Richmond’s Fleece Hotel made the BBC’s national ten o’clock news on Monday evening to illustrate how two pubs a day have closed in England and Wales in the first half of the year.

The Fleece closed on July 30, and its prominent position in the Prime Minister’s constituency propelled it onto the national airwaves. Its appearance came less than a week after it was put on the market for £1.75m.

The Fleece deserves national prominence if only because it is a splendid building, described in the 2023 updated Pevsner guide to the architecture of the North Riding as “a Scots Baronial extravaganza of brick and terracotta with tourelles and castellated porch”.

A tourelle is a turret that projects out of a wall, and the Fleece is smothered in them – some might say it has tourelle’s syndrome.

The Fleece Hotel, Richmond

The Fleece Hotel, Richmond

It is on the site of an older Fleece, which was tucked away in Friars Wynd, near the Georgian Theatre. It was described by the Darlington & Stockton Times in 1897 as an “ancient hostel”, when its owners, brewers Robert Fenwick and Company, of Sunderland, decided to rebuild it.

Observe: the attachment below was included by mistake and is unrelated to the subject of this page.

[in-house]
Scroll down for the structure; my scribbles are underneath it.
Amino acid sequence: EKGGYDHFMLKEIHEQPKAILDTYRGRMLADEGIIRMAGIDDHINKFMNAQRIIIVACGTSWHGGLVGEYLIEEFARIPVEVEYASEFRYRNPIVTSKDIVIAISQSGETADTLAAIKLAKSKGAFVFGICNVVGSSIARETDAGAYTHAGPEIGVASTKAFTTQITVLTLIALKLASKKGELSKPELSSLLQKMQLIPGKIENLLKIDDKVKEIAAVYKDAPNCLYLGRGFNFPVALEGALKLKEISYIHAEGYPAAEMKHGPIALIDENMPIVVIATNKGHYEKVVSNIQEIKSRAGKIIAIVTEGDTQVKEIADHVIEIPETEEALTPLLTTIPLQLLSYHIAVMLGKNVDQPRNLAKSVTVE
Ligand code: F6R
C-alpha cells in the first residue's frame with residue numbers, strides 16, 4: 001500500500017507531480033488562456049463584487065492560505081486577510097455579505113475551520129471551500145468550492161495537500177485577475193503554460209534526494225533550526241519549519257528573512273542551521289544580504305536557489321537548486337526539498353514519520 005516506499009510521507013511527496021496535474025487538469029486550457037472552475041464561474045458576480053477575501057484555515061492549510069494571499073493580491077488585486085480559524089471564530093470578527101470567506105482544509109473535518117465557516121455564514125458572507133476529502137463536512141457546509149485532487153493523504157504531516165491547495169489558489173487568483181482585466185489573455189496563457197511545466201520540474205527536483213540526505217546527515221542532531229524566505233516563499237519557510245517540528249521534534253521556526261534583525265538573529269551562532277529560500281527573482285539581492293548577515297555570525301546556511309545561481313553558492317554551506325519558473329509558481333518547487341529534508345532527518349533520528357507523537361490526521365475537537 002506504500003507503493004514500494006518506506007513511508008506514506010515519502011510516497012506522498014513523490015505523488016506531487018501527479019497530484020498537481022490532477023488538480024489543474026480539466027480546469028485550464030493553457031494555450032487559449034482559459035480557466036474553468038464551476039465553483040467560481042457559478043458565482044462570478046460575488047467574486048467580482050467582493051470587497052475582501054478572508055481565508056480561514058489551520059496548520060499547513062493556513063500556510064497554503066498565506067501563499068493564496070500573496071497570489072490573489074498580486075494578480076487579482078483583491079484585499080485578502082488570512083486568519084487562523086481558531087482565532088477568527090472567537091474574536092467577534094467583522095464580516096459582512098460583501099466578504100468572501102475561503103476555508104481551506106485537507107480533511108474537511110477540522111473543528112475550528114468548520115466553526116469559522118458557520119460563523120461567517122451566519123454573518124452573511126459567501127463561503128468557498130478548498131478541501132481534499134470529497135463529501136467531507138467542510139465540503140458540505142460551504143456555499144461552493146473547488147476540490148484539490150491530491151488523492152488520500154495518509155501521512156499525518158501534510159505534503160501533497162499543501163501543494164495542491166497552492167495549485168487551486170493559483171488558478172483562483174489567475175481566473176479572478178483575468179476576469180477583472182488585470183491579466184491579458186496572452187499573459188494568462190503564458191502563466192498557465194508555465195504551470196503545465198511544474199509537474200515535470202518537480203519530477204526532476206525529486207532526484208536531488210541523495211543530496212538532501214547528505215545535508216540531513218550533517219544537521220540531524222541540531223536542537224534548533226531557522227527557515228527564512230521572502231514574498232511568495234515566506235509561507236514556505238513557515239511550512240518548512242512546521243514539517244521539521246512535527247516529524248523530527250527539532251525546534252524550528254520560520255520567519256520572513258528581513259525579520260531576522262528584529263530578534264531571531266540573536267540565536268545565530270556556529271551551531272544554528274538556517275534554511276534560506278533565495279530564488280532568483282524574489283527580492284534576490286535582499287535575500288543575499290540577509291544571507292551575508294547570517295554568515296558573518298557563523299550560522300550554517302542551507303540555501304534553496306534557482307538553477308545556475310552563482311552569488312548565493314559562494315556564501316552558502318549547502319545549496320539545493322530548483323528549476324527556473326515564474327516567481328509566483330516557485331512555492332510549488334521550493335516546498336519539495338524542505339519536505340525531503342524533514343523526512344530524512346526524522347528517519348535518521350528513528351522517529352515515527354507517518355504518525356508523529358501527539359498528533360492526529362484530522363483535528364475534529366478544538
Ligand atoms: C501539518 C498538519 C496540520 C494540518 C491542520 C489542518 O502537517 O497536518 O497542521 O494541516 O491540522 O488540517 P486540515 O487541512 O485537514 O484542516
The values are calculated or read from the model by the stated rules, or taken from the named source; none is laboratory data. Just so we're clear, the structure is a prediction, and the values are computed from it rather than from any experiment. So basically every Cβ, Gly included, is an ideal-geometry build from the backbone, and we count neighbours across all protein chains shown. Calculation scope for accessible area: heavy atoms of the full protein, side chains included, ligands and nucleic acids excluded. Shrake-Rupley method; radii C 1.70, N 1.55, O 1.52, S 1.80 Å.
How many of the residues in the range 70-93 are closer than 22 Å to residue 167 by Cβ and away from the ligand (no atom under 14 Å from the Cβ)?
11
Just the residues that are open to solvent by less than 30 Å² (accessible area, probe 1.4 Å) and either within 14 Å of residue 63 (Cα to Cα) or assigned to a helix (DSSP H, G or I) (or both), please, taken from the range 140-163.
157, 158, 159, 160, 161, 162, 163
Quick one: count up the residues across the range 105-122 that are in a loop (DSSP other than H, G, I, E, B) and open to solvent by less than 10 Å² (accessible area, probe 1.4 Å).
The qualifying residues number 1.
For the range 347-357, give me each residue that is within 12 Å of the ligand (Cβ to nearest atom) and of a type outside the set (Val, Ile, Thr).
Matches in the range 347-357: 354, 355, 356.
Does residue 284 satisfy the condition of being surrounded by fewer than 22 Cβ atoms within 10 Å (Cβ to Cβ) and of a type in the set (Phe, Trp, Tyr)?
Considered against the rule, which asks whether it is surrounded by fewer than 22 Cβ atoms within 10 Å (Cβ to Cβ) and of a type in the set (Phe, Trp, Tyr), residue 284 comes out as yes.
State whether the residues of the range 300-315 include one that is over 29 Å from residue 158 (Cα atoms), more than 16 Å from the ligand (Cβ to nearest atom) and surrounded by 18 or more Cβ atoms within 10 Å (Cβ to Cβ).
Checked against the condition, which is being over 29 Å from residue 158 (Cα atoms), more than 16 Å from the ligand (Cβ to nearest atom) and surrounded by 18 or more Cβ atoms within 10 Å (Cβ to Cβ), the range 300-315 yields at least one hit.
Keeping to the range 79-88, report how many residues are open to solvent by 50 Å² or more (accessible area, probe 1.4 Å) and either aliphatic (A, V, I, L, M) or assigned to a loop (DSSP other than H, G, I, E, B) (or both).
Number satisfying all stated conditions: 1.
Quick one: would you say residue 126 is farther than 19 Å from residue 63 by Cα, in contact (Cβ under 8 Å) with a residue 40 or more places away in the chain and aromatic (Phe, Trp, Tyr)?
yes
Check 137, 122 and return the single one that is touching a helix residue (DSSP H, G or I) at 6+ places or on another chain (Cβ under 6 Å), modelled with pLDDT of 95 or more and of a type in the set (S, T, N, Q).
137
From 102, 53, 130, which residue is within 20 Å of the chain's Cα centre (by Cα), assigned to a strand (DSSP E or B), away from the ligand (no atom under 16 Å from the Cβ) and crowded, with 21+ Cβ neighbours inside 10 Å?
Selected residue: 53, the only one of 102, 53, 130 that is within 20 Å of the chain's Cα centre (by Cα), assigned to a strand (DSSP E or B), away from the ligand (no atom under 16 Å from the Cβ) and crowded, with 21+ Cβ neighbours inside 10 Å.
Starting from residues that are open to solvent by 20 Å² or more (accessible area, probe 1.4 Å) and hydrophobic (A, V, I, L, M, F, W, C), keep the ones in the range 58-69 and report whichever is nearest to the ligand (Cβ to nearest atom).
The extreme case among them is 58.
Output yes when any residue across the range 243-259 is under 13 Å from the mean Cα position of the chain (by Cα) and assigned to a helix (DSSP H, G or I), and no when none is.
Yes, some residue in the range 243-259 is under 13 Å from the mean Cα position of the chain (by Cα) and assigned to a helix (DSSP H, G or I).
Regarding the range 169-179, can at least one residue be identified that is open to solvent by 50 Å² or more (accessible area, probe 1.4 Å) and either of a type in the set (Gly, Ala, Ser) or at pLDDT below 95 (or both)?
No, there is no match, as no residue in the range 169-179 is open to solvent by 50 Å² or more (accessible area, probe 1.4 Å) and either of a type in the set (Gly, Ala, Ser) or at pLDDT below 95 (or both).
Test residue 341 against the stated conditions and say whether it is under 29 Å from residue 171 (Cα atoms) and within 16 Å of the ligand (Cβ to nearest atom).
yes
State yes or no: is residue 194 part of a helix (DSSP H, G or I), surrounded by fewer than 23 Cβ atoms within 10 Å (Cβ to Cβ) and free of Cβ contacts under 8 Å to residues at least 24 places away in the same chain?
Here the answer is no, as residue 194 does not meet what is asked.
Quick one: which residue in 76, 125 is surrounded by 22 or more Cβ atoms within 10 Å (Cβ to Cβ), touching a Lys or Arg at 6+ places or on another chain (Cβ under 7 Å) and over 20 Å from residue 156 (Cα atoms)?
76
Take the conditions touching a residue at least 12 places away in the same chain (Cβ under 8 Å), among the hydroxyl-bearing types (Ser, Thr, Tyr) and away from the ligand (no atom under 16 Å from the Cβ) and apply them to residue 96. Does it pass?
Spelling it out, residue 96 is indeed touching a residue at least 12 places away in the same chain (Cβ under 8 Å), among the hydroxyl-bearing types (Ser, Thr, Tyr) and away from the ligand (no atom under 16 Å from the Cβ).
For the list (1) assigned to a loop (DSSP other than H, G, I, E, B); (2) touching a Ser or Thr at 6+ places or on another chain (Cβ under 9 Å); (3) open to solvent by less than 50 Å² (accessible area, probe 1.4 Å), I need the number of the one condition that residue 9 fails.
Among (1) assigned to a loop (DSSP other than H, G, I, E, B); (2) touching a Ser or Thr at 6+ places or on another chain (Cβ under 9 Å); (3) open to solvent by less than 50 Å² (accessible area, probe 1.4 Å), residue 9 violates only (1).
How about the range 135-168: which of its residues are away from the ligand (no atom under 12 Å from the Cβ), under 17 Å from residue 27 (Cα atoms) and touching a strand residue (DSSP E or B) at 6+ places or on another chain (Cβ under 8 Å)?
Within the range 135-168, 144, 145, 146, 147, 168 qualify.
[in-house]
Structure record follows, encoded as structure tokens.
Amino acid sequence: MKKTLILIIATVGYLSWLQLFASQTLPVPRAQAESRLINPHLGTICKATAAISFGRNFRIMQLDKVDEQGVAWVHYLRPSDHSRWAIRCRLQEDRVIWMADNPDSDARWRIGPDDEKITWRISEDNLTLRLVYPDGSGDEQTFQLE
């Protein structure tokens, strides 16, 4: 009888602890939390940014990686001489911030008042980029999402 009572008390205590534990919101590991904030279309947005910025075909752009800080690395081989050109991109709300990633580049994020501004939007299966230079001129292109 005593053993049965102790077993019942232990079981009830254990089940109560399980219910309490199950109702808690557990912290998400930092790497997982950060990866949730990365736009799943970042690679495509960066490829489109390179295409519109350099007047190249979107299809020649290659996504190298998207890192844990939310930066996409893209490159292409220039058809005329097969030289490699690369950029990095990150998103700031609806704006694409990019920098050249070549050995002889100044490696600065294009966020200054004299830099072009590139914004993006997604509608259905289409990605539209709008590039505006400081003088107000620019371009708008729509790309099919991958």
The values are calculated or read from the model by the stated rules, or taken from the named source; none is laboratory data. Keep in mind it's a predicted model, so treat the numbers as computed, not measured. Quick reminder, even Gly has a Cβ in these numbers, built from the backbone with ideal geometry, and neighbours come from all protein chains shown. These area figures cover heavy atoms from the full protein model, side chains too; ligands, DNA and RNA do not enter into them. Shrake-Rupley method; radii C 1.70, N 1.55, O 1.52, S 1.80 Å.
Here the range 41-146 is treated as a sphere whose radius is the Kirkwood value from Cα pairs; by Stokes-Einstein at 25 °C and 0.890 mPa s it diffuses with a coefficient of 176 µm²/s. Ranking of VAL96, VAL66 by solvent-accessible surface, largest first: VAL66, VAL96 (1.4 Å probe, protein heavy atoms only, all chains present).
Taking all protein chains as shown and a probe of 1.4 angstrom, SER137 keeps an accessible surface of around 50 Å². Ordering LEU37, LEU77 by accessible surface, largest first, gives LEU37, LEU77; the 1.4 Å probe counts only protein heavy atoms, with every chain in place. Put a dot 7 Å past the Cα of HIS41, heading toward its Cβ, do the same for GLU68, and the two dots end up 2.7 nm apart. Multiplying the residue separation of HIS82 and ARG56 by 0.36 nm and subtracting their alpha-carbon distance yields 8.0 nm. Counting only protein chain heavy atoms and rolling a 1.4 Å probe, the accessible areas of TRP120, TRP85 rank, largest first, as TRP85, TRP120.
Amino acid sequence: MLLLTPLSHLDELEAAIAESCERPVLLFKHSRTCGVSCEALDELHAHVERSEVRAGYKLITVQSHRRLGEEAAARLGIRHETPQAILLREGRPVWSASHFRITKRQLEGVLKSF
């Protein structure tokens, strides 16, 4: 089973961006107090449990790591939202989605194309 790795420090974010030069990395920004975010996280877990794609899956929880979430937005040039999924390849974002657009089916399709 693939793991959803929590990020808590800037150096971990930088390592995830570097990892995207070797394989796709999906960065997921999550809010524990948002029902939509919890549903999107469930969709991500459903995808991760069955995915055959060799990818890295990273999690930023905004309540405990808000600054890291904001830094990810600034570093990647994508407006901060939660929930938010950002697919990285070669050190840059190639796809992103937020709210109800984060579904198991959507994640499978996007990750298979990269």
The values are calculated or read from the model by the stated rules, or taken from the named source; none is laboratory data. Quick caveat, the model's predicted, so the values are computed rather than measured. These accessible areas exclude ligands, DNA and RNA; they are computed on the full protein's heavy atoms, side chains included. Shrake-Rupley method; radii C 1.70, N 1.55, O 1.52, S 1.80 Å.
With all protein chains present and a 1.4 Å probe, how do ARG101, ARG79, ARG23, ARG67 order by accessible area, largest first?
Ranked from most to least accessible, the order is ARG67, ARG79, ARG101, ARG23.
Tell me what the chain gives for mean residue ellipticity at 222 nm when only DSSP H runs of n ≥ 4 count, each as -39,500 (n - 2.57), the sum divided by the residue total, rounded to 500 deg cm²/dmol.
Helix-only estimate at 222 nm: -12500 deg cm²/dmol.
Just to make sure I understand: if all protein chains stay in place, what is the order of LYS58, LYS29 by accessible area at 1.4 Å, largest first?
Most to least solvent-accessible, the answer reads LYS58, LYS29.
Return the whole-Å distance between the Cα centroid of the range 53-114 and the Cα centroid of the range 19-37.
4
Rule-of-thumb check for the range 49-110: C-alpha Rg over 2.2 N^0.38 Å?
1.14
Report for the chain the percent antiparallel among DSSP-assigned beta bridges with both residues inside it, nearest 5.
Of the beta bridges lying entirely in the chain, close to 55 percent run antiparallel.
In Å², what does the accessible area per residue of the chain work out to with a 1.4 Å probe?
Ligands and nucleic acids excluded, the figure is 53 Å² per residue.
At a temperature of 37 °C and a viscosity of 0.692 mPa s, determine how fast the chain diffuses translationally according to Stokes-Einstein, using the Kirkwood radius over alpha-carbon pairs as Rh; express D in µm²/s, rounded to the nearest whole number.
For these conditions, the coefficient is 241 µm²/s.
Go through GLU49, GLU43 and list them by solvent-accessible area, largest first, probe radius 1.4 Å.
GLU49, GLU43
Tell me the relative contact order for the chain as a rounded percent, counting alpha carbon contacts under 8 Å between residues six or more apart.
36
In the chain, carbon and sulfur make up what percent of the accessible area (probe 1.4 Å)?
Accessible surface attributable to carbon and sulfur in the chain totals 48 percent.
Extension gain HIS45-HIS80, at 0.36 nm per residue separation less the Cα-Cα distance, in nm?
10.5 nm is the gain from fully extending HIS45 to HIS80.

Read more fascinating local history stories in our Looking Back section

It may have been damaged by fire, or the brewers may have realised that since 1887, when Victoria Road was created, the Fleece now had an aspect that looked out onto a major thoroughfare.

The brewers called in architect GG Hoskins, who had just completed for them the King’s Head Hotel in Darlington – probably the highlight of Hoskins’ career which had seen him create so many of the buildings that are now part of Darlington’s identity: the library, technical college, sixth form college and many mansions, like Elm Ridge. He built distinctive branches of Backhouses Bank in Barnard Castle and Bishop Auckland (which is now used as a Spanish art gallery), and his biggest project was the super-Gothic Middlesbrough Town Hall.

Architect GG Hoskins (1837 to 1911).

Architect GG Hoskins (1837 to 1911).

In Richmond, in one of his last buildings, he let his imagination run riot. Why a Scottish castle? Why not a Scottish castle?

Built by Thomas Stairmand and Son, of Darlington, it was ready for business in 1898.

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“It is sure to prove not only an ornament to the street architecture of the old town but a thoroughly up to date hotel,” said the D&S in 1897.

It is a great, Gothic addition to Richmond’s street scene. It was on the market in 2015 as a 21-bedroom hotel for £250,000, but underwent a major refurbishment in 2018 which probably explains why it is now listed as having 13 en suite bedrooms for its £1.75m price tag.

One final reason why the Fleece deserves national prominence: according to our archives, an eight man team from the Fleece in 1983 set a world record for the highest darts score in 24 hours: 1,721,784.

The team’s record stood until September 1985, when eight players from the Broken Hill Darts Club, in New South Wales, scored 1,722,249.

Perhaps the purchaser of the Fleece will put it back on the darts map and take the world record back from those Aussies.